I could certainly refer to those three days as the most traumatic of my life so far, even if you take into account some of the less conventional punishments my mother experimented with during my turbulent childhood years. I discovered there was a heaven, a hell, grew some wings and dealt with bureaucracy as diabolical as I’d known on earth in only a few short hours. I swiftly followed that with bumping into my guardian angel (named D Opey, but rechristened Grumpy because of his attitude), then I made the breakthrough that the whole human race was marked for extinction and heaven was malfunctioning due to a computer glitch. I won’t even mention being chewed up and spat out by Chow, the sabre-tooth, or being arrested for being in heaven illegally.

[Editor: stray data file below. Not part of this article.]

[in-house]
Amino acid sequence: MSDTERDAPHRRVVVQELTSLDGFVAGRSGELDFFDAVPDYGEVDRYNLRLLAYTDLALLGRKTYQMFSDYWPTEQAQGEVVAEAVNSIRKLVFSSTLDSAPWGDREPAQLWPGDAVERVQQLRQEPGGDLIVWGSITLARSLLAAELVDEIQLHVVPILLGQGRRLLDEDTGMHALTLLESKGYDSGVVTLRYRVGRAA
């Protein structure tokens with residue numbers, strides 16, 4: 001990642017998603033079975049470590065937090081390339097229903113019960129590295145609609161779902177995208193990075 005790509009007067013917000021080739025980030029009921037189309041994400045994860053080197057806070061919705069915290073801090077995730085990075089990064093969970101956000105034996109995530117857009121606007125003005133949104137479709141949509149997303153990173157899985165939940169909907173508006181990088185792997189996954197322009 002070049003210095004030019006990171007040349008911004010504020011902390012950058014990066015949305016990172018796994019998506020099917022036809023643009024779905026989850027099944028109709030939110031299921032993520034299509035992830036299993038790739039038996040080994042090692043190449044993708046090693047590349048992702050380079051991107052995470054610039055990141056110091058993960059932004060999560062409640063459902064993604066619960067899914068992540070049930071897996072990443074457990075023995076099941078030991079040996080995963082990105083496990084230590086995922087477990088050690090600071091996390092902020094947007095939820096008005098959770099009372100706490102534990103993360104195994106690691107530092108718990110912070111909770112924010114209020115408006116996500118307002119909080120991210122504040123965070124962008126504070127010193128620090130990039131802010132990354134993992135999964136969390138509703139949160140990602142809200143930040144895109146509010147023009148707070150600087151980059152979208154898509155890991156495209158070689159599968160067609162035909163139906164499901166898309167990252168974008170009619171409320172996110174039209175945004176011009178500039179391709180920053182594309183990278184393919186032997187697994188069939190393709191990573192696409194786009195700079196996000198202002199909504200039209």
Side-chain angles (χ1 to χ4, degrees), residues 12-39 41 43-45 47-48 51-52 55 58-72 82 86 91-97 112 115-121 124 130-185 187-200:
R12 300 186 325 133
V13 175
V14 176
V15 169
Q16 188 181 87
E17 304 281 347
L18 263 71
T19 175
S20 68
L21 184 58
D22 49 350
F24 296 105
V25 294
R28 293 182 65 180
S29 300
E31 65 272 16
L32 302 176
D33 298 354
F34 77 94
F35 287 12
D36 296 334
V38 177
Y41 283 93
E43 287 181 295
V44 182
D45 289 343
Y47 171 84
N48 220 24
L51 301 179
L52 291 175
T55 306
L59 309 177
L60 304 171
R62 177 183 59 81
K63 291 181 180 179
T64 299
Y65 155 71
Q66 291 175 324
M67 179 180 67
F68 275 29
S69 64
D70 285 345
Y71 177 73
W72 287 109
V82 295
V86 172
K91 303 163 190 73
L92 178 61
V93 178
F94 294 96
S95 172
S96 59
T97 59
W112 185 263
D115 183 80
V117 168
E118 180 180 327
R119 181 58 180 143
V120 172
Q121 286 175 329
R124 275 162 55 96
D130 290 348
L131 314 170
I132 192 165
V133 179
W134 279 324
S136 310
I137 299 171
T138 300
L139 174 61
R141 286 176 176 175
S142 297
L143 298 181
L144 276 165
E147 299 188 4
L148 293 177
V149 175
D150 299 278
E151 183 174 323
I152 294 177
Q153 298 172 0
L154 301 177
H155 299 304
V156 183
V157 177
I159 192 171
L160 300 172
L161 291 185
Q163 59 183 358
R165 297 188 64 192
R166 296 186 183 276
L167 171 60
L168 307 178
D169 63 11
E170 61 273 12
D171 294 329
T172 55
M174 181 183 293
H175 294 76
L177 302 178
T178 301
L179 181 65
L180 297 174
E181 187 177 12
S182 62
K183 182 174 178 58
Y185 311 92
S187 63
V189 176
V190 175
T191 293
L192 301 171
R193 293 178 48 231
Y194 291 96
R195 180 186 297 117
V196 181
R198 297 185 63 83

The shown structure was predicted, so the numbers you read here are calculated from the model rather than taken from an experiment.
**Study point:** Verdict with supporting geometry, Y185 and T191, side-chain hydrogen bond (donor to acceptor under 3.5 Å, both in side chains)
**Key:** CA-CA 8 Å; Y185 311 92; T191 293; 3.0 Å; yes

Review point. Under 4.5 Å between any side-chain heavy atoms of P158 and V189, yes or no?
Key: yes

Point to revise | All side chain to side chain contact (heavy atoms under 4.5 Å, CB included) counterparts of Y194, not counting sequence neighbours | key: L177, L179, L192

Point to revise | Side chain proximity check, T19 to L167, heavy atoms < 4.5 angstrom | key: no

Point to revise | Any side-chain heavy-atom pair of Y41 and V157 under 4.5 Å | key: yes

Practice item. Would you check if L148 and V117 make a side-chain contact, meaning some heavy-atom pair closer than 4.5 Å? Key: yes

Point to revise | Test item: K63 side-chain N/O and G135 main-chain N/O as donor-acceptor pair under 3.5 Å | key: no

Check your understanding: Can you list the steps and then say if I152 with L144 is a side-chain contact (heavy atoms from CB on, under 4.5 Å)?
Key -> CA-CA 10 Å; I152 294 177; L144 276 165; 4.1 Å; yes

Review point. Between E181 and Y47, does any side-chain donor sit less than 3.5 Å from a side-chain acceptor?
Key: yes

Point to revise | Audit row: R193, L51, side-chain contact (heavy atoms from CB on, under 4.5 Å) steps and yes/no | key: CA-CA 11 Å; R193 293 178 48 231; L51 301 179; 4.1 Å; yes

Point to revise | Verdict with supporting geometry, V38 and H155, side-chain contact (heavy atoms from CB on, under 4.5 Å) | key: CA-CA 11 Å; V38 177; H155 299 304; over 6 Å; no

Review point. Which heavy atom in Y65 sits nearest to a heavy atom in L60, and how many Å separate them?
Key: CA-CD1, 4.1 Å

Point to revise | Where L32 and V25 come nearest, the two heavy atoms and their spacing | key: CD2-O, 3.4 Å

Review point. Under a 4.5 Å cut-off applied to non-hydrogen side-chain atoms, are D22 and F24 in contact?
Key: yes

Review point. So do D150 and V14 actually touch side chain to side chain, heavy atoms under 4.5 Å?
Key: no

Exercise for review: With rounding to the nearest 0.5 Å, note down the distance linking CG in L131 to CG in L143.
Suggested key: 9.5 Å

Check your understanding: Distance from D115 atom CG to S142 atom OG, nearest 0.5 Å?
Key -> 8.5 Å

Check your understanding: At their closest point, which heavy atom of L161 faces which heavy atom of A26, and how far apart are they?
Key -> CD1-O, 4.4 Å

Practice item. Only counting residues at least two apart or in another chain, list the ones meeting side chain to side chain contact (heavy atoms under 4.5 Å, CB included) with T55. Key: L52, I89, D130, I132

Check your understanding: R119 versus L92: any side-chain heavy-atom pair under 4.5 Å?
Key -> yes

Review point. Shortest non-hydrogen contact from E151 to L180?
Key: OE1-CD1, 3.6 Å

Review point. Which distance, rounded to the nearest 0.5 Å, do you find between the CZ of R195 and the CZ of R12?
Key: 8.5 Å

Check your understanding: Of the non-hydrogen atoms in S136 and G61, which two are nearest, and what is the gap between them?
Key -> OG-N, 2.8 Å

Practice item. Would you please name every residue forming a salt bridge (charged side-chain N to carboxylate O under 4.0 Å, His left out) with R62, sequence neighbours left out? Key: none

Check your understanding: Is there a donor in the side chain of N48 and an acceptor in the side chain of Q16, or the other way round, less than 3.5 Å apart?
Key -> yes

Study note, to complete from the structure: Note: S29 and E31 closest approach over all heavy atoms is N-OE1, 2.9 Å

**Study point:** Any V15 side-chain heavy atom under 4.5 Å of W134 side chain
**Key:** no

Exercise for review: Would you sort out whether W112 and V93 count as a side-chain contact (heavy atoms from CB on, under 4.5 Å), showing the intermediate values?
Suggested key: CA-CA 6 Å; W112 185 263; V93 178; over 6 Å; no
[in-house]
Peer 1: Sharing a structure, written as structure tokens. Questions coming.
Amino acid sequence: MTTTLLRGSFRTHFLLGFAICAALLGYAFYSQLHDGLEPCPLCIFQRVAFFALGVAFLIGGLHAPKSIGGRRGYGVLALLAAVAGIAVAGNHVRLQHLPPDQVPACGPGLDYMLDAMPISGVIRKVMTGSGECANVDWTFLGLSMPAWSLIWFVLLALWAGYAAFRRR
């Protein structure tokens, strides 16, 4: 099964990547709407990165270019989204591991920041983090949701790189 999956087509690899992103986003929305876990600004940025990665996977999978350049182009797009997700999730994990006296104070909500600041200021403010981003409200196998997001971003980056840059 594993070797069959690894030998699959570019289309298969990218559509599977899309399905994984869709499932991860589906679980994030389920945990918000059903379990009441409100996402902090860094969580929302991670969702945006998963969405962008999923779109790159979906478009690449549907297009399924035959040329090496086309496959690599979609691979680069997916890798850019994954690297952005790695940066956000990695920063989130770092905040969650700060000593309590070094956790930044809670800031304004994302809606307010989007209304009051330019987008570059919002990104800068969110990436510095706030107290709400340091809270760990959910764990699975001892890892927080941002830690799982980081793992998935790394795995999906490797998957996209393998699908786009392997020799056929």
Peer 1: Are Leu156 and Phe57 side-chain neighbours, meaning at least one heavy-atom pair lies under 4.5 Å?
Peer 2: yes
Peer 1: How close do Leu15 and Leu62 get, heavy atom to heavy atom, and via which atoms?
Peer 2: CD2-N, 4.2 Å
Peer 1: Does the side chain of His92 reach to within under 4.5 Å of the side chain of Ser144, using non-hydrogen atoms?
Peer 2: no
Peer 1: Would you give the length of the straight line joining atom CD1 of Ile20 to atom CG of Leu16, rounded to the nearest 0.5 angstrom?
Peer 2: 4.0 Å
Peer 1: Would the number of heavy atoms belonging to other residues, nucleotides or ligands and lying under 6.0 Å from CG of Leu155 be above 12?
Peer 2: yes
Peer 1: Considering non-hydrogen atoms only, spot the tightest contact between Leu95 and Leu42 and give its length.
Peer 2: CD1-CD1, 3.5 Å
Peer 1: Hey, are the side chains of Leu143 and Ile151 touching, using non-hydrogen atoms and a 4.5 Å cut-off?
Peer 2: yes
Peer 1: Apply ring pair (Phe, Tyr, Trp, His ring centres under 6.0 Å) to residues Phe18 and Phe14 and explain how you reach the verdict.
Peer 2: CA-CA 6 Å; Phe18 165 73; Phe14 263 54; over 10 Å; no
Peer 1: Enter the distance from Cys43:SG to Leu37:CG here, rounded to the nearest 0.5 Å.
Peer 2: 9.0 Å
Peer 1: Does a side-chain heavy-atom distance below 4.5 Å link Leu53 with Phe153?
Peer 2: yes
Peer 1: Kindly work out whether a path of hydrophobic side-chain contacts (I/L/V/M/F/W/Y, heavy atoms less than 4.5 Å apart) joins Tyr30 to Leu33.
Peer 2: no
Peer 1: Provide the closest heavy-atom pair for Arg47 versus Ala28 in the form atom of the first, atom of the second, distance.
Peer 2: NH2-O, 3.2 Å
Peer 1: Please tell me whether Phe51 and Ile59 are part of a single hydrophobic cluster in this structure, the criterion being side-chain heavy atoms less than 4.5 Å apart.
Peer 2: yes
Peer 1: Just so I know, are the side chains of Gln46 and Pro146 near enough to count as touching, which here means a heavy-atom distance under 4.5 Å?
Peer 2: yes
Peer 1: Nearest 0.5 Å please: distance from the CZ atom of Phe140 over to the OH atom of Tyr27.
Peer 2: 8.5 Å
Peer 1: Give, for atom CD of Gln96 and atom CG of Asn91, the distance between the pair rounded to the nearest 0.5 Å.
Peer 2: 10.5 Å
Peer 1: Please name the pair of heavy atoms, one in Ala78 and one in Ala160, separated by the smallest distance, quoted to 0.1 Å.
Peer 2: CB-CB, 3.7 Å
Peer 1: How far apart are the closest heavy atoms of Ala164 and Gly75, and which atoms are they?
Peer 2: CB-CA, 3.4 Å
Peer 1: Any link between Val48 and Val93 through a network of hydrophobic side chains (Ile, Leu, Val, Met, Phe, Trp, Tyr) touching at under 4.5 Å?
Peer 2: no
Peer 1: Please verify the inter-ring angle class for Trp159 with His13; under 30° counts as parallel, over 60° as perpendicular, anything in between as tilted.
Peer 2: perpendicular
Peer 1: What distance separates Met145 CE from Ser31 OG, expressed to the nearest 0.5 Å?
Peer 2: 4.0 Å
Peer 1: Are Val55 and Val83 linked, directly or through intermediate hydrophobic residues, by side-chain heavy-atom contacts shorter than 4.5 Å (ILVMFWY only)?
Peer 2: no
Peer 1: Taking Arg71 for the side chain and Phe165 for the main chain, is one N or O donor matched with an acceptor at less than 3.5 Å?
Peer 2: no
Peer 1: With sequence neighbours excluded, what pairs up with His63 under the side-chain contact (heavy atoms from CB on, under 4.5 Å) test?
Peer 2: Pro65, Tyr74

But I don’t regret any of that. Even when I trip over JJ’s black market merchandise or when Gary makes me jump as he pops up out of the blue in my dark stockroom – I wouldn’t change a thing. Because if it hadn’t been for them I wouldn’t be with Vee now. Vee is what makes my life worth living.
I shook my head as I realised I actually missed seeing Grumpy, and Cronus, and even St George, with his bizarre fashion sense and prehistoric dancing.
My head snapped up as I recognised my ex guardian angel’s voice. I focused on the blurry image, half amused, half-irritated to see him smiling smugly at me. Had I been thinking aloud?
“Grumpy?” I blinked, bemused, tilting my head this way and that, as if this mere action could make him morph into something more pleasing to the eye, such as my wife’s behind, or maybe disappear altogether. “What are you doing here? I thought you’d found some job in admin, somewhere. You haven’t screwed that up, too, have you?”
The fact that I hadn’t considered his work as my guardian angel a job even half well done was no secret, in fact it had formed the foundation of our rickety relationship from the moment we inadvertently ran into each other.
He ignored the ribbing. “Guess I missed you, too.”